When facing the fear of change, striving for practical benefit can bring sides together.
The perfect icebreaker question at any meeting of association people: Why did you decide to work for an association? Responses may vary, yet everyone will speak with passion and deep commitment. You need both to endure and succeed in the association world. Unfortunately, intense emotions at times may drive us astray.
Last year was a watershed year for those of us who work in healthcare policy. I still don't know how things will shake out as I write this column. What I do know—and what I saw—is that the fear of unintended consequences sometimes held sway over fact. I'm not talking about the misinformation over "death panels." I mean that a sense of fear affected the debate over complex issues, such as how to finance healthcare reform, how to incorporate comparative effectiveness research, and whether to address the production of biosimilars in the final package.
We collectively keep moving forward, because we recognize that our goal is to improve the lives of the patients we serve.
I have members who are both for and against various elements being considered for inclusion in healthcare reform legislation. But at no time did the National Health Council (NHC) face a go or no-go situation. We needed to take decisive action, despite some members' deep-seated, honest concerns.
Every association has its polarizing issues. What we as association executives have to do is to challenge ourselves to create a new dynamic to solve the ever-growing number of complex problems we face. Certainly, we all develop plans and policies with an expectation of positive benefits to the communities we serve. You might say we strive to develop "proposals of the well intended." But there is always the possibility of the negative. Our responsibility is to keep the positives, address the concerns, and seek common goals.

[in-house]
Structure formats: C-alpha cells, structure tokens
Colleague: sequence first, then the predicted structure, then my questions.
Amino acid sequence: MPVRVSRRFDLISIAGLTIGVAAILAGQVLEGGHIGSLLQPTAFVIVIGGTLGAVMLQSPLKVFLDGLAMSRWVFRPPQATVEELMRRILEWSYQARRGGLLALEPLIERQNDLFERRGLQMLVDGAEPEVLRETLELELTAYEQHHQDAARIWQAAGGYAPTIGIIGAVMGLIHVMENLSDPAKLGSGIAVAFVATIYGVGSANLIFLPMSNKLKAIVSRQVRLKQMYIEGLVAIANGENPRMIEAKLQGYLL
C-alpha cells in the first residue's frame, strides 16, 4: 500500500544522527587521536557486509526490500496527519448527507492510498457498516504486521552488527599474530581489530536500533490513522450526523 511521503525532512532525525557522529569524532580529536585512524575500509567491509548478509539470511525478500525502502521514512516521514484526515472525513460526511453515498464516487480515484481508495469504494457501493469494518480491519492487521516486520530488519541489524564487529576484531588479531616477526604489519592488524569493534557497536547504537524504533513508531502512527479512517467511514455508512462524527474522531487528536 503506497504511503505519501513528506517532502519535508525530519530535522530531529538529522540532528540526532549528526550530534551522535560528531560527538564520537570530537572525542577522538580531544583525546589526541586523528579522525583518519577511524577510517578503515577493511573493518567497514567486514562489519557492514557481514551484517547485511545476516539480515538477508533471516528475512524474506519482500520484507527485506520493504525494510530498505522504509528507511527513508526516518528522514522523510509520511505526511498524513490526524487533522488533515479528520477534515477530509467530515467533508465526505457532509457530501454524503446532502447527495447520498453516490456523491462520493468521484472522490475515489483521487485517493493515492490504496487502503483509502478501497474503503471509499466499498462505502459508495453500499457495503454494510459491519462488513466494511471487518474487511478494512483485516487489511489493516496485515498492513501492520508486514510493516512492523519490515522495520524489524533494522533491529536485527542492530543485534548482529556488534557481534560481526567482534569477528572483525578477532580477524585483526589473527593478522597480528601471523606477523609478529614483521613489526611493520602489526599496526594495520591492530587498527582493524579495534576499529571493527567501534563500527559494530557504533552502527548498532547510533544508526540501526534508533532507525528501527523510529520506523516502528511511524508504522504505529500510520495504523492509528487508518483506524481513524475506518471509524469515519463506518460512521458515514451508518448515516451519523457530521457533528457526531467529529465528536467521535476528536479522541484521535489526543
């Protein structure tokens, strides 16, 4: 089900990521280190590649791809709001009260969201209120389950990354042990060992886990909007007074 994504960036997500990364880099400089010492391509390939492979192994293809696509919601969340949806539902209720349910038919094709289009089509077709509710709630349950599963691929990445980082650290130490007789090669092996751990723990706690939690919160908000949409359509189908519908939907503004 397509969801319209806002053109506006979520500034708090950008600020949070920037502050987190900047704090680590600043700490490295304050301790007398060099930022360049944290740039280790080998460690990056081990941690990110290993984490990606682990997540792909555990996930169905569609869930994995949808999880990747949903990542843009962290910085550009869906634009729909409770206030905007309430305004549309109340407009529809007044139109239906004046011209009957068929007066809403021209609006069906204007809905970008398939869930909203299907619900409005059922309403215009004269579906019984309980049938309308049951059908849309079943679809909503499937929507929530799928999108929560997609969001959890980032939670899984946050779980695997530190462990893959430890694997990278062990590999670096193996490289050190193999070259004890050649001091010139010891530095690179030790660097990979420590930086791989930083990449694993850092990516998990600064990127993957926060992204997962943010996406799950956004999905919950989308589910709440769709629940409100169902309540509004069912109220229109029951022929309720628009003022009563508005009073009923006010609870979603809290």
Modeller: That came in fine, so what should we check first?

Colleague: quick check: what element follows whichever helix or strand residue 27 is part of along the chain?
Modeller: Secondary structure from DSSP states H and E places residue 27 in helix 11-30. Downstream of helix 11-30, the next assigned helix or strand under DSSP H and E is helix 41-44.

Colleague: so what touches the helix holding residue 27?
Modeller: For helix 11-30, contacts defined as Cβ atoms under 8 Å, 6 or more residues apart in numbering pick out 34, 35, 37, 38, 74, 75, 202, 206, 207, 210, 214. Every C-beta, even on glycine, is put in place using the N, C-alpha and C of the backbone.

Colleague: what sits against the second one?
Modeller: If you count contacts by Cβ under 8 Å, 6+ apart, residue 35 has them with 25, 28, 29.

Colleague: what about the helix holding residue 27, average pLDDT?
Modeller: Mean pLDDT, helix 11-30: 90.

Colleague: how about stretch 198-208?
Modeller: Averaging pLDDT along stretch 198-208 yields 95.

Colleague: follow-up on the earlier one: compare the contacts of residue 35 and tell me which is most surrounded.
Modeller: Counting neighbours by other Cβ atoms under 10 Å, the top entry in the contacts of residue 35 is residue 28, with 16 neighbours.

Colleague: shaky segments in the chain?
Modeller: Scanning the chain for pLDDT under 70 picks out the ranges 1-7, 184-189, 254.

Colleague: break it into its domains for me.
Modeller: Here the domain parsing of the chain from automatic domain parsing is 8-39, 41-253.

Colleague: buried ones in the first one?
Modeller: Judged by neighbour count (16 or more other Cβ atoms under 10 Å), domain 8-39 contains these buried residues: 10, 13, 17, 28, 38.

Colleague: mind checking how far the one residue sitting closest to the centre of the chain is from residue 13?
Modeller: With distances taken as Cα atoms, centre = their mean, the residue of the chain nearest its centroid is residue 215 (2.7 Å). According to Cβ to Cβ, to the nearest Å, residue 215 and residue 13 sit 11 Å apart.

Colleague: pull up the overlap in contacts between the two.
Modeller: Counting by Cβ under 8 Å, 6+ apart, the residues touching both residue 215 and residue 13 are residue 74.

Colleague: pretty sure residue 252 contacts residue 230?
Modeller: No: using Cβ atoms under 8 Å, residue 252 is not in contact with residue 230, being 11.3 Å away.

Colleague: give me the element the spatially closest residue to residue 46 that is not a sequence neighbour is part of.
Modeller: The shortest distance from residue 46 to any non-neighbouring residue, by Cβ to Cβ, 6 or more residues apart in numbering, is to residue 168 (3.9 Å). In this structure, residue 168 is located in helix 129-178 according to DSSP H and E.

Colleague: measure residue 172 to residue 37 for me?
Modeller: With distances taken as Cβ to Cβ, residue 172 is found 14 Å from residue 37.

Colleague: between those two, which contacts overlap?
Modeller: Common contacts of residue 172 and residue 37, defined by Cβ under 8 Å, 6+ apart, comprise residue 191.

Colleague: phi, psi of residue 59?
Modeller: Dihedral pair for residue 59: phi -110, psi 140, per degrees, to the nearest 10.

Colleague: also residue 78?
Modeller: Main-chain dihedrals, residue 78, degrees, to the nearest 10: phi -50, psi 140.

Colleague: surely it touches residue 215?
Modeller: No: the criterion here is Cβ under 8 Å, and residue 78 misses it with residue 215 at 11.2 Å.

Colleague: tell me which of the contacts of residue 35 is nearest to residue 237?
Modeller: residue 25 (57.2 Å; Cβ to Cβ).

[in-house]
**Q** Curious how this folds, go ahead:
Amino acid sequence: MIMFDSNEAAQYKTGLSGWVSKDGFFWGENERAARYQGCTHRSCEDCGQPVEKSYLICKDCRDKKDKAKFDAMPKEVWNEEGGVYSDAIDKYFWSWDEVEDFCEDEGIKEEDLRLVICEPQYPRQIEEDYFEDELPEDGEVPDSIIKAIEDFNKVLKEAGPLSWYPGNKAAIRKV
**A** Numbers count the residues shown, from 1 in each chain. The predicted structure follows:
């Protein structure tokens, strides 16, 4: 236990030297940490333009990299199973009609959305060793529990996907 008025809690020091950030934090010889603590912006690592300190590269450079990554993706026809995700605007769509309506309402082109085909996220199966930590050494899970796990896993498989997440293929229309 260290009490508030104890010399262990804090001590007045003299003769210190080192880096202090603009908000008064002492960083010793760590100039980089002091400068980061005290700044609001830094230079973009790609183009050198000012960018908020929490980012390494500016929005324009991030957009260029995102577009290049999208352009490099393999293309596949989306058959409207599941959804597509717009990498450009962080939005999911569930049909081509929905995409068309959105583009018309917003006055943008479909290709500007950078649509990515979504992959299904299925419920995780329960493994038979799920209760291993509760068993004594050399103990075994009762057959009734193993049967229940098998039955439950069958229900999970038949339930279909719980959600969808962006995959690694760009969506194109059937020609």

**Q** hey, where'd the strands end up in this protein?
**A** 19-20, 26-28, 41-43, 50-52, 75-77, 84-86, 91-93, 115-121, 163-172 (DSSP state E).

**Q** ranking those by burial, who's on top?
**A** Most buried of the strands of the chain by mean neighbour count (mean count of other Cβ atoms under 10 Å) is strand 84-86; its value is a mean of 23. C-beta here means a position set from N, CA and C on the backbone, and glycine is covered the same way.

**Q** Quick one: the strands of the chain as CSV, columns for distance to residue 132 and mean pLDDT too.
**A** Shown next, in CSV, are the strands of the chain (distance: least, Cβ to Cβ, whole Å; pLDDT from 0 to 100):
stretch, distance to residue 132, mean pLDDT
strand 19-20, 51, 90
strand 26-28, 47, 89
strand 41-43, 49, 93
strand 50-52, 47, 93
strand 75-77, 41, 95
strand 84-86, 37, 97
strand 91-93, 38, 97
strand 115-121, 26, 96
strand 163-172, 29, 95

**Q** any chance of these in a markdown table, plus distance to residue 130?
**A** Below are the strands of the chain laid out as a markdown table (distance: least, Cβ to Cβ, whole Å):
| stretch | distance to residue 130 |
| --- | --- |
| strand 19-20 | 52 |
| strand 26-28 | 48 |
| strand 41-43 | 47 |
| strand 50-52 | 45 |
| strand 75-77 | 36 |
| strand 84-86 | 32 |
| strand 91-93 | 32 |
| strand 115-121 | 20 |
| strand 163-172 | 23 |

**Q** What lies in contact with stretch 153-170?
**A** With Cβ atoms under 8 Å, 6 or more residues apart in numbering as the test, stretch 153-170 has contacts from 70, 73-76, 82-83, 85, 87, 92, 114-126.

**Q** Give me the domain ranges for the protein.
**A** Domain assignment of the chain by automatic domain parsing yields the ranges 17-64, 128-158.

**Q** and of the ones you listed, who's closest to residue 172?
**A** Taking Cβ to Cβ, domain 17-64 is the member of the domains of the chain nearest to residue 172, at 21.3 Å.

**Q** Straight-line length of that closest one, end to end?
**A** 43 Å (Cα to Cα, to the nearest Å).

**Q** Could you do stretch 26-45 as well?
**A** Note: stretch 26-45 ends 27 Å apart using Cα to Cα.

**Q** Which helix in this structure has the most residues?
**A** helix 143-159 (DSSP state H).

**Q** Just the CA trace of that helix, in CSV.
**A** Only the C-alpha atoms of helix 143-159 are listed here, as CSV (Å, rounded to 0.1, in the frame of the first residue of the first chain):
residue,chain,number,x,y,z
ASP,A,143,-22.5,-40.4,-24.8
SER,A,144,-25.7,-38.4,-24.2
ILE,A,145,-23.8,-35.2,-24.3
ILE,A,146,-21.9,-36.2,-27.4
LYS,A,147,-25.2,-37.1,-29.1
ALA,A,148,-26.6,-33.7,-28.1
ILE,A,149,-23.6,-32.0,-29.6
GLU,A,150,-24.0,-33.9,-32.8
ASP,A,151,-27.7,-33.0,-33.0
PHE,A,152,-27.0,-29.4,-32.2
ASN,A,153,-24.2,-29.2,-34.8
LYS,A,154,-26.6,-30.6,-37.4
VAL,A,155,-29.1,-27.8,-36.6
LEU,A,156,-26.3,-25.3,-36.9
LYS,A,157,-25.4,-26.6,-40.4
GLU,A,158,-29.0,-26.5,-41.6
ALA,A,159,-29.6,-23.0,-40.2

Here's an example of how the NHC tries to build consensus. We created a Government Relations Affinity Group (GRAG) made up of the government relations and government affairs staff of patient advocacy organizations that belong to NHC. This group and its issue teams, which include representatives from all nonprofit and corporate members, research policy issues and advise NHC staff members, who in turn seek input from CEOs of patient groups and the NHC Board of Directors.
GRAG's work is based on primary and secondary research like focus groups, in-depth patient interviews, message testing, and literature reviews. With the help of consultants, GRAG creates a set of principles and related values for each major legislative issue. These documents guide NHC in evaluating bills, drafting legislative language, asking patients to contact Congress, and articulating the NHC position to the public and elected officials. Our clearly defined, written values and principles make it possible for us to see the positive, work around the negative, and be nimble to address changes based on new intelligence.
I can't think of a time when a patient advocacy organization got its way 100 percent on an NHC policy position. Typically, most members get 80 to 90 percent of what they want. But in the meantime, these organizations don't die on their swords. We collectively keep moving forward, because together we all recognize that our goal is to improve the lives of the end users, the patients we serve.
The NHC policy-development process is not for every organization. I present it here only as an example of what we do to address any fears and to strengthen our collective resolve. We need to listen to and glean from different points of view, particularly those opinions that disagree with ours. If data come to light that show a position has threatening implications, we should seek to resolve the issue head-on but not leap to a position of inaction or opposition. I believe the more practical action is to change the language of the situation, restructure the debate, and create an alternative, more nuanced solution. What we must strive for is not a middle ground, but something more sophisticated. I would call it passionate pragmatism.
Myrl Weinberg, CAE, is president of the National Health Council in Washington, DC. Email: [email protected]